Thanks Jimmy, can you confirm this is a delayed-on circuit and NOT a timed-on (meaning it stays on for a set time)?
buy a relay with 3 pin. gnd con, normally opened, and normally closed pins. just switch the NO and NC pin if the circuit is the other way round. with one circuit you can make both timed-on and timed-off function.
what happens when the radio/ circuit is off the amp will be on
 

Offline Leuven

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Re: Delay on relay
« Reply #9 on: February 15, 2012, 02:40:16 pm »
Thanks a lot guys. I took the one easiest for me to understand and added some notes on it, am I on the right track? Any suggestions for the Mosfet and the R2 resistor?

Also quick question about the mosfet, I read somewhere I have to put a 100k resistor between the gate and source to have it off (non-conducting) by default, but I thought that thing is off by default unless I apply voltage to the gate, right??

Alternatively, looking at diagram 2, would this help to reset the capacitor quicker at power off?
« Last Edit: February 15, 2012, 04:20:40 pm by Leuven »
 

Offline Leuven

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Re: Delay on relay
« Reply #10 on: February 15, 2012, 03:55:24 pm »
Try using an NPN transistor with the pot in series with a suitable base resistor and the cap across BE. E to GND, C in series with relay to +V. Add a diode from base to the other end of the pot to discharge the cap rapidly when the input goes low.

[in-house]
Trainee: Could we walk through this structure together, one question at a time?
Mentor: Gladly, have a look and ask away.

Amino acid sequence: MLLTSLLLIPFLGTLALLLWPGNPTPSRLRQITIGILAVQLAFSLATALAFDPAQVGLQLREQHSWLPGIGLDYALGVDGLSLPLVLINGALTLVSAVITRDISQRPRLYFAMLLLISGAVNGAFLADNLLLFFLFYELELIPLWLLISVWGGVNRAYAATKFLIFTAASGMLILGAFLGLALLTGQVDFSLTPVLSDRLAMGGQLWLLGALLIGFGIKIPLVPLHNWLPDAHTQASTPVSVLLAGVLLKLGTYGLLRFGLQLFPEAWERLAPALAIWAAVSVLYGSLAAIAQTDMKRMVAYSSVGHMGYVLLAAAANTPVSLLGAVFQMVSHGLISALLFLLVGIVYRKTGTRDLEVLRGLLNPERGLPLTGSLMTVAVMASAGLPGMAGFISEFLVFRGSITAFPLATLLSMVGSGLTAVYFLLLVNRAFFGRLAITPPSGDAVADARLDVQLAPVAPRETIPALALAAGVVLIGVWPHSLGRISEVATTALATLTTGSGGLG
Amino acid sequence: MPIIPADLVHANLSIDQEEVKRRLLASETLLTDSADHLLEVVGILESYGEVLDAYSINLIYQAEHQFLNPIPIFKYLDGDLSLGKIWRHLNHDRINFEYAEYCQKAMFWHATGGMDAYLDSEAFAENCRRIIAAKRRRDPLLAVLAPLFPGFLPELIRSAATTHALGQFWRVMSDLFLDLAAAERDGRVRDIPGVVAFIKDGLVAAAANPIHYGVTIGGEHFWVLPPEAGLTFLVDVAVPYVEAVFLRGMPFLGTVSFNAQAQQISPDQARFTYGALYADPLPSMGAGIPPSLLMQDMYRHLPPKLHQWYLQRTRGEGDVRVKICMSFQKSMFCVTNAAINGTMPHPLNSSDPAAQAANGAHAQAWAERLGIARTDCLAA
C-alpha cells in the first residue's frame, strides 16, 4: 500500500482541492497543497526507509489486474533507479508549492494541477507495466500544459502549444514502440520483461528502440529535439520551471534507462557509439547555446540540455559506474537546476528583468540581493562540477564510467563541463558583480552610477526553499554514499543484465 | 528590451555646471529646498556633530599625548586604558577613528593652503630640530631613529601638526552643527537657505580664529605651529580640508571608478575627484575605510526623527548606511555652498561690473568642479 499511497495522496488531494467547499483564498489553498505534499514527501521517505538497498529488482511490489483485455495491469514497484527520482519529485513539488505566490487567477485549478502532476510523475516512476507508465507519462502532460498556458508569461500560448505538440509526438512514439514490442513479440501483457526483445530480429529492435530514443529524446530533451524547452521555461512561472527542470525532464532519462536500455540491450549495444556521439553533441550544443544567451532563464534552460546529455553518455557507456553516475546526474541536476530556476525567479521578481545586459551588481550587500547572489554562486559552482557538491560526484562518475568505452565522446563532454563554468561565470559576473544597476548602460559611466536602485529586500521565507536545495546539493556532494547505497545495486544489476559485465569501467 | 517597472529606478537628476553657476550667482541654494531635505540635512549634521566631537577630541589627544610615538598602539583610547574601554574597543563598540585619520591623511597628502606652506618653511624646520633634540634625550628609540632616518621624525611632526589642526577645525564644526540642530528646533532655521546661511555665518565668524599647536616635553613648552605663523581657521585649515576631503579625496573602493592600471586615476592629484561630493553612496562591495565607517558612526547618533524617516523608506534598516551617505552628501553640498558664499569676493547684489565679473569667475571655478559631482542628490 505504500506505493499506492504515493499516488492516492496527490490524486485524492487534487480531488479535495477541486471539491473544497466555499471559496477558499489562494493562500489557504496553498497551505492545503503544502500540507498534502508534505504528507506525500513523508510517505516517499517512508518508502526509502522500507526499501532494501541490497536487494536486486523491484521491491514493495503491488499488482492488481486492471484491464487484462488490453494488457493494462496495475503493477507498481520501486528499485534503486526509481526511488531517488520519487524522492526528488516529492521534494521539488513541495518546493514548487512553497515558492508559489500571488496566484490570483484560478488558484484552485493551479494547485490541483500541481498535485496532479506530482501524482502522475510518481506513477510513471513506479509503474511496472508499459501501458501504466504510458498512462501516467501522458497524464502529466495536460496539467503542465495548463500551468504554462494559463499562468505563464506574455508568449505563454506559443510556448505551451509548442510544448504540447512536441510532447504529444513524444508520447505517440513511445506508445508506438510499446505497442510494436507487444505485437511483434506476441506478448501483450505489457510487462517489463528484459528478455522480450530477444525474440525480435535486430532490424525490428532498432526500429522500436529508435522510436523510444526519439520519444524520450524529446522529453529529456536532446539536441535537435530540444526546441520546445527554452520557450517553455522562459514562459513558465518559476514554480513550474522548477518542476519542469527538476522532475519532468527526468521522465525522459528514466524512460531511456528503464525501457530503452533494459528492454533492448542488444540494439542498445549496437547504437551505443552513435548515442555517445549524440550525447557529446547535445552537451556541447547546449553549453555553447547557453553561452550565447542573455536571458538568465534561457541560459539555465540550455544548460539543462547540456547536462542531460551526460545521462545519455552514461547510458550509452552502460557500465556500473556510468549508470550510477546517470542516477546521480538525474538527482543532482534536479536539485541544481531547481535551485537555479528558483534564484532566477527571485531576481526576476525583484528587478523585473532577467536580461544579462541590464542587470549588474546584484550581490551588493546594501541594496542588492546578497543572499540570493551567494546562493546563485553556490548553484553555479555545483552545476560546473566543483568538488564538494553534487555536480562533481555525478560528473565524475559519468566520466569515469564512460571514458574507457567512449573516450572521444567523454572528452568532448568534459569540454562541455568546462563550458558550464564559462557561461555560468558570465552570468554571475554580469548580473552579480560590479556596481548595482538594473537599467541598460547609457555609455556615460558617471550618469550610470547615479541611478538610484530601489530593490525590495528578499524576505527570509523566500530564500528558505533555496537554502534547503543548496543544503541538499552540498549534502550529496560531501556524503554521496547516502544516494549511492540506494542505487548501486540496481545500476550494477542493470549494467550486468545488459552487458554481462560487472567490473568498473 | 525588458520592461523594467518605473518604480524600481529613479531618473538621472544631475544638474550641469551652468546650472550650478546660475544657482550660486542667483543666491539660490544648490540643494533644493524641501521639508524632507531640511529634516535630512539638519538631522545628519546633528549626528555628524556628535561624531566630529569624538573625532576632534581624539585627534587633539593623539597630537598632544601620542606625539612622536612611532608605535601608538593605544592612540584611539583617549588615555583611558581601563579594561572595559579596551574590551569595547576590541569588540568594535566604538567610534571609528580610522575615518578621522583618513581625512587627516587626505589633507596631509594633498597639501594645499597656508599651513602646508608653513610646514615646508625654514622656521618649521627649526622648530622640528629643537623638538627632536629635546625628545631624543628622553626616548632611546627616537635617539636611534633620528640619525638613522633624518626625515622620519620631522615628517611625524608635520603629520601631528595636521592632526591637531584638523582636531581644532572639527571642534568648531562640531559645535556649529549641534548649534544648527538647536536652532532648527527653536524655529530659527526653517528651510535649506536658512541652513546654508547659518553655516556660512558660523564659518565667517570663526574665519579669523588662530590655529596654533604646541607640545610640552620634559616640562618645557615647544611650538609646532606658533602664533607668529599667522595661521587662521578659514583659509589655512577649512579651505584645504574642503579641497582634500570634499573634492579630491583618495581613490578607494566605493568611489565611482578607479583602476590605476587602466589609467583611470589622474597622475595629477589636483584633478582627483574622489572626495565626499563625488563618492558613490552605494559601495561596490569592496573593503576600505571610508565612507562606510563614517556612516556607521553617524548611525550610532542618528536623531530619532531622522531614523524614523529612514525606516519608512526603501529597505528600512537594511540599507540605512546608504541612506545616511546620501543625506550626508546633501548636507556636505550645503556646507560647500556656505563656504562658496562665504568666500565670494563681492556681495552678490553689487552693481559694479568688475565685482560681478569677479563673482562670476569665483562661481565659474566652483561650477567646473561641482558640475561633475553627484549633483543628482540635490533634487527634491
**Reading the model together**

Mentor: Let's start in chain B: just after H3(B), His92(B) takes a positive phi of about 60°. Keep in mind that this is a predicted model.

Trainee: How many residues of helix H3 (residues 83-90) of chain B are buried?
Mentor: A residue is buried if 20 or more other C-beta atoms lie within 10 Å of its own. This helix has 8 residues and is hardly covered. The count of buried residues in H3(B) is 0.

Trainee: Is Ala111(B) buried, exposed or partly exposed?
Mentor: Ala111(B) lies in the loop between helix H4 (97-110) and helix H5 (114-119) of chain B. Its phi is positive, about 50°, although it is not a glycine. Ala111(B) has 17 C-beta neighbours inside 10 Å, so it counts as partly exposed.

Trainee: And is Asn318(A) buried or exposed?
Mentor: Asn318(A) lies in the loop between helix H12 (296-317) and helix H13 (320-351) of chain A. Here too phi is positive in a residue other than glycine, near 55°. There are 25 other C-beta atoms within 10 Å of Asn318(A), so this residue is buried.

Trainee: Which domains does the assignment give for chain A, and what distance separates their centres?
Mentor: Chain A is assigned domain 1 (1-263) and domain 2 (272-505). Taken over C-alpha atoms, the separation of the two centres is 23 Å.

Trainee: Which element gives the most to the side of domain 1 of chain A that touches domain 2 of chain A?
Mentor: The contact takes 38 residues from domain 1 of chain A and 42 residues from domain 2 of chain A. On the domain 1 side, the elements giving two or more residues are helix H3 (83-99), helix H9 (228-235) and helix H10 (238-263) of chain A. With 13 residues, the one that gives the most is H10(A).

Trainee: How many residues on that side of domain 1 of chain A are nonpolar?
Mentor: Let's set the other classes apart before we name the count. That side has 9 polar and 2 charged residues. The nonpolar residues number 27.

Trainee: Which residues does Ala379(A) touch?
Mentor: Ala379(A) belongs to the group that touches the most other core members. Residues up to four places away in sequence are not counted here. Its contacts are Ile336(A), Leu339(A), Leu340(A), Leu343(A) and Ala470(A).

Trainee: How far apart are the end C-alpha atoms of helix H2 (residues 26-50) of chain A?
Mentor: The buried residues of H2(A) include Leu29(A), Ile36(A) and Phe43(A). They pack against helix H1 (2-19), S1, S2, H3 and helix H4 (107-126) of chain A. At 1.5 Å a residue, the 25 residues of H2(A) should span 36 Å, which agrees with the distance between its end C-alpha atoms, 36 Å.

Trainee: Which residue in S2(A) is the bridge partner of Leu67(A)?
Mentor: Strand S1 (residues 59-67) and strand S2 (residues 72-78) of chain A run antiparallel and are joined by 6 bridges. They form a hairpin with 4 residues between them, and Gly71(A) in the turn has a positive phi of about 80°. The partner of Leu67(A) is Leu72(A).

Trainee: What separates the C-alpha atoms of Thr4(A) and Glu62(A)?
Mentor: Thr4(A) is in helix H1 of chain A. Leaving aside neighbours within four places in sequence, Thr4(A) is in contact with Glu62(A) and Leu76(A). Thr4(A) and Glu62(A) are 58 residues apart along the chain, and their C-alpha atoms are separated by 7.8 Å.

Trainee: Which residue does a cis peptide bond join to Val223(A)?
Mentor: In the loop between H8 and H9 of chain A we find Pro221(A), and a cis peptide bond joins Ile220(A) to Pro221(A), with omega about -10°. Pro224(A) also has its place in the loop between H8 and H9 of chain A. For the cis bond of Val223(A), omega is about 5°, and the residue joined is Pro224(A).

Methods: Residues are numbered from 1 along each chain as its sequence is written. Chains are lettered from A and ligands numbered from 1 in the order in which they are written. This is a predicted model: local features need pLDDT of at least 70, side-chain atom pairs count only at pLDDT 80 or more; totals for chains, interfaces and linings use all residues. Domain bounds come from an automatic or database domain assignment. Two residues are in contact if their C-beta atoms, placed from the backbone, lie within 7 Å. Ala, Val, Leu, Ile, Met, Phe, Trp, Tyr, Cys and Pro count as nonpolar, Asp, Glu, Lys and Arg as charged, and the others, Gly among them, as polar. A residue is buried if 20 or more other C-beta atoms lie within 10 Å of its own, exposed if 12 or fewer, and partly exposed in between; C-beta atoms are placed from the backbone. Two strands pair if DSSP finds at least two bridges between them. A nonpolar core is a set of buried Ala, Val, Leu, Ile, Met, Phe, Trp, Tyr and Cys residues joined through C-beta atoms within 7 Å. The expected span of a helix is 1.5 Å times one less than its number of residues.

The actual component values can be calculated by the OP to suit the application.
p.s. Should have added a diode across the relay coil. Use your imagination and pretend it is there :)

If I understand correctly, in this diagram the relay will take place of the LM555 in that when I apply voltage it will be transferred through the mosfet immediately. But because of the slow build-up due to the capacitor/resistor, relay won't turn on until a certain critical voltage is reached.
 

Offline sacherjj

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Re: Delay on relay
« Reply #11 on: February 15, 2012, 04:33:00 pm »
Try using an NPN transistor with the pot in series with a suitable base resistor and the cap across BE. E to GND, C in series with relay to +V. Add a diode from base to the other end of the pot to discharge the cap rapidly when the input goes low.



The actual component values can be calculated by the OP to suit the application.
p.s. Should have added a diode across the relay coil. Use your imagination and pretend it is there :)